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CAPERS

Other Names:

Alcaparras, Cabra, Caper Bush, Capparis rupestris, Capparis spinosa, Cappero, Câprier, Câprier Épineux, Câpre, Câpres, Fabagelle, Himsra.

CAPERS Overview
CAPERS Uses
CAPERS Side Effects
CAPERS Interactions
CAPERS Dosing
CAPERS Overview Information

The caper is a plant. The unopened flower bud and other parts that grow above the ground are used for medicine.

People use capers for diabetes, fungal infections, chest congestion, worms in the intestines, and a skin disease caused by parasites called leishmaniasis. Capers are also used as a tonic.

Some people apply capers directly to the skin for dry skin and other skin disorders and for improving blood flow near the skin’s surface.

Capers are also eaten as a food and used as a flavoring.

How does it work?

Capers contain chemicals that might help control blood sugar. Capers might also have antioxidant activity.

CAPERS Uses & Effectiveness What is this?

Insufficient Evidence for:

  • Diabetes.
  • Fungal infections.
  • Chest congestion.
  • Intestinal worms.
  • A skin disease caused by parasites (leishmaniasis).
  • Skin disorders, when applied directly.
  • Improving blood flow near the skin’s surface, when applied directly.
  • Dry skin, when applied directly.
  • Other conditions.
More evidence is needed to rate the effectiveness of capers for these uses.


CAPERS Side Effects & Safety

Capers are safe for most people when eaten as a food. There isn’t enough information available to know if capers are safe in medicinal doses. Capers can cause skin rash and irritation.

Special Precautions & Warnings:

Pregnancy and breast-feeding: Capers are safe when eaten as food, but there’s not enough information to know if they are safe in the larger amounts that are used as medicine. If you are pregnant or breast-feeding, stick with food amounts until more is known.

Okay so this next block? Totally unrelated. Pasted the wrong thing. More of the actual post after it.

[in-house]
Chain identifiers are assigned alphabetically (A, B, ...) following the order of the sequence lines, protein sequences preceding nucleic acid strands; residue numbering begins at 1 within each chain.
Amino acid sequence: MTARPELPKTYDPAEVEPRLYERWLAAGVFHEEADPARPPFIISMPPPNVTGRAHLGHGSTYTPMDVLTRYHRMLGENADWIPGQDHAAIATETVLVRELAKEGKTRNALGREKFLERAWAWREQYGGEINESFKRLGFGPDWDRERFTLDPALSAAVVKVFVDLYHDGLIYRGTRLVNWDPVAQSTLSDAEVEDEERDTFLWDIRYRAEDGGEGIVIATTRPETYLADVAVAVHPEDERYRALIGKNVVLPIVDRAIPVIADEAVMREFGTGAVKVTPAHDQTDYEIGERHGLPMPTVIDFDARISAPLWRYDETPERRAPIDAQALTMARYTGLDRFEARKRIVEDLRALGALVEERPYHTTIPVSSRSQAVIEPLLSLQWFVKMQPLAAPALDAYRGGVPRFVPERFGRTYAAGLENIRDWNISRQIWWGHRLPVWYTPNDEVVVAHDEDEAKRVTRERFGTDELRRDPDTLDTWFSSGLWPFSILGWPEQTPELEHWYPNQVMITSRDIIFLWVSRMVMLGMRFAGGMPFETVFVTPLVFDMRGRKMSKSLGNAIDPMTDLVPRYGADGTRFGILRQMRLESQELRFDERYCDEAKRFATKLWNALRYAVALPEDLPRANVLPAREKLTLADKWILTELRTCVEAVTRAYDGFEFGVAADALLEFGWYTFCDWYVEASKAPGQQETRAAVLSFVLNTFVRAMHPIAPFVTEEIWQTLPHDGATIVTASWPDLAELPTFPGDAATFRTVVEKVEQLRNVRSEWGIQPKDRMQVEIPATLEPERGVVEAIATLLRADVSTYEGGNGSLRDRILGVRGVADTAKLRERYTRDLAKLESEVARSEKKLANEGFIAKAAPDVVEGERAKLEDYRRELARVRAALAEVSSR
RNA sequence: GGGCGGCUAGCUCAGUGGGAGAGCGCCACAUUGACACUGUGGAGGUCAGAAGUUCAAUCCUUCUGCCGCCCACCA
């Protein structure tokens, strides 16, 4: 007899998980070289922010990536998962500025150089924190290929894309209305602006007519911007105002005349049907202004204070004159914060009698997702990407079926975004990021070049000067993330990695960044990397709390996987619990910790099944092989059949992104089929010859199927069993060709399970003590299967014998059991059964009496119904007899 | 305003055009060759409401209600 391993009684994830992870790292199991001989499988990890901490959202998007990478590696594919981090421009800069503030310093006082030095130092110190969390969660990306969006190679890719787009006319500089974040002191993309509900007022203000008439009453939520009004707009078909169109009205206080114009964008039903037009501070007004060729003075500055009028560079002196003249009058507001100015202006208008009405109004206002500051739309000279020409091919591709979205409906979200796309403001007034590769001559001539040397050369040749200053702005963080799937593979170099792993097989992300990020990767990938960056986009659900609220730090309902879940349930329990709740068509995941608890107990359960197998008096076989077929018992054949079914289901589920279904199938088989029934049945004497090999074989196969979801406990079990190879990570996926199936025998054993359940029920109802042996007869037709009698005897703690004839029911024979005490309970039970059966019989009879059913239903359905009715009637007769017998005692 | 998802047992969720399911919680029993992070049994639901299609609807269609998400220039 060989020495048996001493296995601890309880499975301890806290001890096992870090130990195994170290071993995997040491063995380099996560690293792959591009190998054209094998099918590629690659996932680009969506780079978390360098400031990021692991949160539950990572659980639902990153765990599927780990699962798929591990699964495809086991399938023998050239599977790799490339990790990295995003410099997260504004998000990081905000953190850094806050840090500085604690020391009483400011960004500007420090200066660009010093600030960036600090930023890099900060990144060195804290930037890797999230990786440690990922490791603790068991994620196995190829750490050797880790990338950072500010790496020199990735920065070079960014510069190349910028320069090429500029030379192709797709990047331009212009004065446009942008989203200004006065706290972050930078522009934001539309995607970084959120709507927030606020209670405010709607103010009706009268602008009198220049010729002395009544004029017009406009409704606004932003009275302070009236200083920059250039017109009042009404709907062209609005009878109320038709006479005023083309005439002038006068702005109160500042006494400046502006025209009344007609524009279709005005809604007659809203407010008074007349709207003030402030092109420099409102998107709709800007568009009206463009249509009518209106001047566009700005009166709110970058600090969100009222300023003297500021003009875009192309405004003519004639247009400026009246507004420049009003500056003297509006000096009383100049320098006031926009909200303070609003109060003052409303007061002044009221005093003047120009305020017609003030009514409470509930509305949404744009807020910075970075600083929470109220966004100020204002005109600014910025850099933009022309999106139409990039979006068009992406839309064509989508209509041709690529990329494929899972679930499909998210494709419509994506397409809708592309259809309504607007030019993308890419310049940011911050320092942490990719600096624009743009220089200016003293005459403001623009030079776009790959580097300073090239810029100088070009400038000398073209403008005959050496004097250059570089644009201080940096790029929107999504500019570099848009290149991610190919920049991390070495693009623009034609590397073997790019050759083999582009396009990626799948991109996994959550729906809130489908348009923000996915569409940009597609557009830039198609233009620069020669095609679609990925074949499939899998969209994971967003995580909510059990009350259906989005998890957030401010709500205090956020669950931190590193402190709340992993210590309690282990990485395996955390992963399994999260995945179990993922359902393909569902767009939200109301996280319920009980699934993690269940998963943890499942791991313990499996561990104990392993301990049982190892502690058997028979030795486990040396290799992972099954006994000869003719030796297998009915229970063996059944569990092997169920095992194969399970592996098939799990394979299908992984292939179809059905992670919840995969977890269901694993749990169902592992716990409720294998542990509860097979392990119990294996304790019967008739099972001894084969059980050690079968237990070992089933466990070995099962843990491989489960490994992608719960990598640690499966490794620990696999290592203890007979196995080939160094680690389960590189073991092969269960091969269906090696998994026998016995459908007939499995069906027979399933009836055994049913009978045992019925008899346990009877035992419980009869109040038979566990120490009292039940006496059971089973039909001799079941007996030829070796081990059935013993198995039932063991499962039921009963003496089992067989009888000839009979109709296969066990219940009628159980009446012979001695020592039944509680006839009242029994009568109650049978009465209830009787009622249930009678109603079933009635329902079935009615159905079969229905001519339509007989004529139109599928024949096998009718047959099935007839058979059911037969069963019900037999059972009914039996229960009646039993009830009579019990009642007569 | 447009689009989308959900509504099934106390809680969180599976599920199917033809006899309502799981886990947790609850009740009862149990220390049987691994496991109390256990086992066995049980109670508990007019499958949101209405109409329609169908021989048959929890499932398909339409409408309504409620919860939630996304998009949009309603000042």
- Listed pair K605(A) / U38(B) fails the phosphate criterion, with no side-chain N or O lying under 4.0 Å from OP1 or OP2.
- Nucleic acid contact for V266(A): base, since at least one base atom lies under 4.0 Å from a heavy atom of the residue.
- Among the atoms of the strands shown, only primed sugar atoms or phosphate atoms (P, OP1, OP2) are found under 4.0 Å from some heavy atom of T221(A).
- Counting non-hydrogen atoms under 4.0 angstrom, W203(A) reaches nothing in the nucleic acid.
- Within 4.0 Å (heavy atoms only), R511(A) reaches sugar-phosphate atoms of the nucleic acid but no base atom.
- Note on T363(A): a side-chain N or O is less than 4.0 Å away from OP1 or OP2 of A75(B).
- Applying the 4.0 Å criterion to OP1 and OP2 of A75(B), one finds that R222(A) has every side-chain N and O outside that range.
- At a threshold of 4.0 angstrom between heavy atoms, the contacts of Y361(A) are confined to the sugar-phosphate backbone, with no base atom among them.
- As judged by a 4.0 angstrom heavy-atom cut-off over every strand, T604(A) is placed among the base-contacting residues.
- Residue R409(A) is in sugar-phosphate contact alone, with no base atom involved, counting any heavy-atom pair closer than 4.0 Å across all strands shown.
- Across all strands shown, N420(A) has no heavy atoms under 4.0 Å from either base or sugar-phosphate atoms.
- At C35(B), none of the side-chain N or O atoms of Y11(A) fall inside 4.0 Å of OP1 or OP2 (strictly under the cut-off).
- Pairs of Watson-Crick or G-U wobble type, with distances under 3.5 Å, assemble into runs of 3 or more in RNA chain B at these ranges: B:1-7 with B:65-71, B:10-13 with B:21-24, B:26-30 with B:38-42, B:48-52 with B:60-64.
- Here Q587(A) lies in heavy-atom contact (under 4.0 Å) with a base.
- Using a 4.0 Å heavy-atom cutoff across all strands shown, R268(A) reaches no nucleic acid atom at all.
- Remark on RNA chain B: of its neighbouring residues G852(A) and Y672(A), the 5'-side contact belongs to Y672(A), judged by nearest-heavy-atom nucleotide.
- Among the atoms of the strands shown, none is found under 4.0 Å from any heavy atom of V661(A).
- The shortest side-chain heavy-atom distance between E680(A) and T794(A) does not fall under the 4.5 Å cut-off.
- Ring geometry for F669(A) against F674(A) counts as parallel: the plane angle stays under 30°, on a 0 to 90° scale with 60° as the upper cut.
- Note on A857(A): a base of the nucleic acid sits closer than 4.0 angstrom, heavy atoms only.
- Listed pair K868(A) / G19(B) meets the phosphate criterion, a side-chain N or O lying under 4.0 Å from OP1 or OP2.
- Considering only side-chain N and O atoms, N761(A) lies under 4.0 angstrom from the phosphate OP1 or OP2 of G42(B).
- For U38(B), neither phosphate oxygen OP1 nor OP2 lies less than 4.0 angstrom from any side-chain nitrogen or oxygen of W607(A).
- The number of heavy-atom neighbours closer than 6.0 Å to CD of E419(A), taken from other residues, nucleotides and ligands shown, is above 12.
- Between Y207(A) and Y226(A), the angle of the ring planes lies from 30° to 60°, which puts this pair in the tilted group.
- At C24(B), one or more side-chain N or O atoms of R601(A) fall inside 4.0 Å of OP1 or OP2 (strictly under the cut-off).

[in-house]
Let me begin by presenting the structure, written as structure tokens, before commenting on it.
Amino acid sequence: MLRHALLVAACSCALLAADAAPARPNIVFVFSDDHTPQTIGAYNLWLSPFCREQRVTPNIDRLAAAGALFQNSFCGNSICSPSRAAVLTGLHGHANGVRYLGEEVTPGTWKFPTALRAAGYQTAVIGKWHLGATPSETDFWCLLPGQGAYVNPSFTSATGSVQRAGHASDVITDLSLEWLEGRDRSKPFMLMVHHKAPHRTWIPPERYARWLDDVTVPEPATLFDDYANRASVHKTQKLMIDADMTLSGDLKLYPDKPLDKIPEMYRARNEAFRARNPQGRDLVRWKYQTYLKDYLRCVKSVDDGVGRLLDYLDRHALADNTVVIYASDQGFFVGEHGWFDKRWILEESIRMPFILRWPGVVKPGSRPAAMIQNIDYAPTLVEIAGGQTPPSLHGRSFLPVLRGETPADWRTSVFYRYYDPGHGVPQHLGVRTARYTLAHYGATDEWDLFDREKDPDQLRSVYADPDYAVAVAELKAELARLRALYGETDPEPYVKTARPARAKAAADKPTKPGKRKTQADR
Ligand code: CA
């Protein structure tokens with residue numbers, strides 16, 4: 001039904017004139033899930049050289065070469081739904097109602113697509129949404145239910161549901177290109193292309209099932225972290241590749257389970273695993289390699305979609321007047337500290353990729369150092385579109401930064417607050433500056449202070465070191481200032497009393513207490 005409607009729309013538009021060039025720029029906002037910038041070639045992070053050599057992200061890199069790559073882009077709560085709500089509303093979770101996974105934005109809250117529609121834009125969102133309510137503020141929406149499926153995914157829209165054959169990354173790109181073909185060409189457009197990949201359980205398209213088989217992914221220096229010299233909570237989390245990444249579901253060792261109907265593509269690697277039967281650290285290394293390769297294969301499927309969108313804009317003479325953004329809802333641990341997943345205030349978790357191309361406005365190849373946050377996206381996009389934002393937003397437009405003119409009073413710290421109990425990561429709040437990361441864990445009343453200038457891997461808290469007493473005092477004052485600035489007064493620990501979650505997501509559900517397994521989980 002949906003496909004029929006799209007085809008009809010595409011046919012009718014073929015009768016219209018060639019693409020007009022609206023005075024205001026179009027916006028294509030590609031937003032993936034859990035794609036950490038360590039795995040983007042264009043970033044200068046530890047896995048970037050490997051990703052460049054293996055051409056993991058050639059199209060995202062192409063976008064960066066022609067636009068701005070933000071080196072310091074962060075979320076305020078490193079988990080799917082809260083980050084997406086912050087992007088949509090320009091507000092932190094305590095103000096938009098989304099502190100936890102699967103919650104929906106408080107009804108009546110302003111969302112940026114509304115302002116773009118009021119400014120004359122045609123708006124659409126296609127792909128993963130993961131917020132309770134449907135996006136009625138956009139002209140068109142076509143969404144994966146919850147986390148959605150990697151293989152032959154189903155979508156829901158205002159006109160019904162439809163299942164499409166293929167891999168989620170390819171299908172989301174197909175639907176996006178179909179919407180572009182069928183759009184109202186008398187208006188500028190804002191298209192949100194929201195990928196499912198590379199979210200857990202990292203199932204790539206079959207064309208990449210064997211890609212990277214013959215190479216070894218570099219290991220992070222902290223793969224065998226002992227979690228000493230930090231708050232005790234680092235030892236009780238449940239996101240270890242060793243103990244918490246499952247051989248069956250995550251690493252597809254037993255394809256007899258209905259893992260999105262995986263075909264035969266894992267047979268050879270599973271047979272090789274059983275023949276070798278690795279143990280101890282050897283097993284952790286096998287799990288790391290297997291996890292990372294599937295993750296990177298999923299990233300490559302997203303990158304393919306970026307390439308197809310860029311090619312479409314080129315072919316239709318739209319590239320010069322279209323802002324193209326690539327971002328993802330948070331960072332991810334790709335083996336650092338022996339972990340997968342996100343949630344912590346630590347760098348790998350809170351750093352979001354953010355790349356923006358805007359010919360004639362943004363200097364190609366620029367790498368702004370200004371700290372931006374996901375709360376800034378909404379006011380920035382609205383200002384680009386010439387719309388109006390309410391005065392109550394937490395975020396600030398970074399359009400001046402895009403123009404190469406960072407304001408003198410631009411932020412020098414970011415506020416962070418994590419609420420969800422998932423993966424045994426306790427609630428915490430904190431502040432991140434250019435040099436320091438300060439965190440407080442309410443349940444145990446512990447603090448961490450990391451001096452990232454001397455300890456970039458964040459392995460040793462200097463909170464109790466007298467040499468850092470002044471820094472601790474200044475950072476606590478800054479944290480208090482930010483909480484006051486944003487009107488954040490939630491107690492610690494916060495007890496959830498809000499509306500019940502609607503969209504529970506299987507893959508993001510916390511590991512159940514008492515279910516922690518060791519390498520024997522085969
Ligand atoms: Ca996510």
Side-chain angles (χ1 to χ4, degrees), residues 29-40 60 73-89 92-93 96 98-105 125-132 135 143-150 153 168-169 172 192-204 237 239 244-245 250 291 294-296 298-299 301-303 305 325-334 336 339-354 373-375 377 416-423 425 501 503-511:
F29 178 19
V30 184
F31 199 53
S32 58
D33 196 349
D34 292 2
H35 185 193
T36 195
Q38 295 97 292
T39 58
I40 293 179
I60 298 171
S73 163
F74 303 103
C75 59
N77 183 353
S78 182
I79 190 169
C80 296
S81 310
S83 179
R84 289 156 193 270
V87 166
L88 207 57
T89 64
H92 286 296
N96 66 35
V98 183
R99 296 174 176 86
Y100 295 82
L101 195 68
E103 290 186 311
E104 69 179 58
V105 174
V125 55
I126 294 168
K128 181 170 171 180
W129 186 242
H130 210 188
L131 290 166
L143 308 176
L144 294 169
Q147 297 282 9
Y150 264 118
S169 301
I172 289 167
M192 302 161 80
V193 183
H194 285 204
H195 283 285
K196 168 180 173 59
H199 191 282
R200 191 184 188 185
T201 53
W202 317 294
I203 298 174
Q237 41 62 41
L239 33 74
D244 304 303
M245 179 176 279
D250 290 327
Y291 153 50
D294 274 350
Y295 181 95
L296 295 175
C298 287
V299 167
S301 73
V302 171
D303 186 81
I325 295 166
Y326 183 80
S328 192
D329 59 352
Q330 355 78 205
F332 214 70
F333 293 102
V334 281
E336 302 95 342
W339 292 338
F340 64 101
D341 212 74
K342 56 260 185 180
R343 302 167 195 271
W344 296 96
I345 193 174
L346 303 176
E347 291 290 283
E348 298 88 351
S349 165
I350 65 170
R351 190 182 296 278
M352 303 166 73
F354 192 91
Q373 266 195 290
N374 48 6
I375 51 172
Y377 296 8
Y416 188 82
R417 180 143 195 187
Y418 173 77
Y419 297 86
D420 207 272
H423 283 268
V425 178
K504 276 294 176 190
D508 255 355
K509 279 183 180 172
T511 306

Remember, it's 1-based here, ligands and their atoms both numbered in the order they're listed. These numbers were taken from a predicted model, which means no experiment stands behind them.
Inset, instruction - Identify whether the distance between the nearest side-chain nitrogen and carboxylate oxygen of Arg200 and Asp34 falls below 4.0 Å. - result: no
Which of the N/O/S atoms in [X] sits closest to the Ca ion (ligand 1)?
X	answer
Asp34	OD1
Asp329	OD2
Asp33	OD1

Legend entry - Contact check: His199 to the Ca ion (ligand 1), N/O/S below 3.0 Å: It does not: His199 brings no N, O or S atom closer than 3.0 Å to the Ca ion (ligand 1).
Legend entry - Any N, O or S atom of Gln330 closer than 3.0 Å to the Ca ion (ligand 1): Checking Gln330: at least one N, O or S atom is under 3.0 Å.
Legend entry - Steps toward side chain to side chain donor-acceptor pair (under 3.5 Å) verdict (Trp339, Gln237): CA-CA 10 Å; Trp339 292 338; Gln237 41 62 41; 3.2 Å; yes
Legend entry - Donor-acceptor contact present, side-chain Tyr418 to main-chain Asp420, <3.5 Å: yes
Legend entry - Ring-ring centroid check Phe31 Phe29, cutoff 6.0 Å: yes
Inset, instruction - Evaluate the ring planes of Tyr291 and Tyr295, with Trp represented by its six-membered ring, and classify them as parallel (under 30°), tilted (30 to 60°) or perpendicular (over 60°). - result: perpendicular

Diabetes: There is some concern that capers might alter blood sugar control in people with diabetes. Monitor you blood sugar closely if you have diabetes and use capers.

Surgery: Capers might affect blood sugar levels. There is some concern that capers might interfere with blood sugar control during and after surgery. Stop using capers at least 2 weeks before a scheduled surgery.

CAPERS Interactions What is this?

Moderate Interaction Be cautious with this combination

  • Medications for diabetes (Antidiabetes drugs) interacts with CAPERS

    Capers might decrease blood sugar. Diabetes medications are also used to lower blood sugar. Taking capers along with diabetes medications might cause your blood sugar to go too low. Monitor your blood sugar closely. The dose of your diabetes medication might need to be changed.
    Some medications used for diabetes include glimepiride (Amaryl), glyburide (DiaBeta, Glynase PresTab, Micronase), insulin, pioglitazone (Actos), rosiglitazone (Avandia), chlorpropamide (Diabinese), glipizide (Glucotrol), tolbutamide (Orinase), and others.


CAPERS Dosing

The appropriate dose of capers for use as treatment depends on several factors such as the user's age, health, and several other conditions. At this time there is not enough scientific information to determine an appropriate range of doses for capers. Keep in mind that natural products are not always necessarily safe and dosages can be important. Be sure to follow relevant directions on product labels and consult your pharmacist or physician or other healthcare professional before using.

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Conditions of Use and Important Information: This information is meant to supplement, not replace advice from your doctor or healthcare provider and is not meant to cover all possible uses, precautions, interactions or adverse effects. This information may not fit your specific health circumstances. Never delay or disregard seeking professional medical advice from your doctor or other qualified health care provider because of something you have read on WebMD. You should always speak with your doctor or health care professional before you start, stop, or change any prescribed part of your health care plan or treatment and to determine what course of therapy is right for you.

This copyrighted material is provided by Natural Medicines Comprehensive Database Consumer Version. Information from this source is evidence-based and objective, and without commercial influence. For professional medical information on natural medicines, see Natural Medicines Comprehensive Database Professional Version. © Therapeutic Research Faculty 2009.

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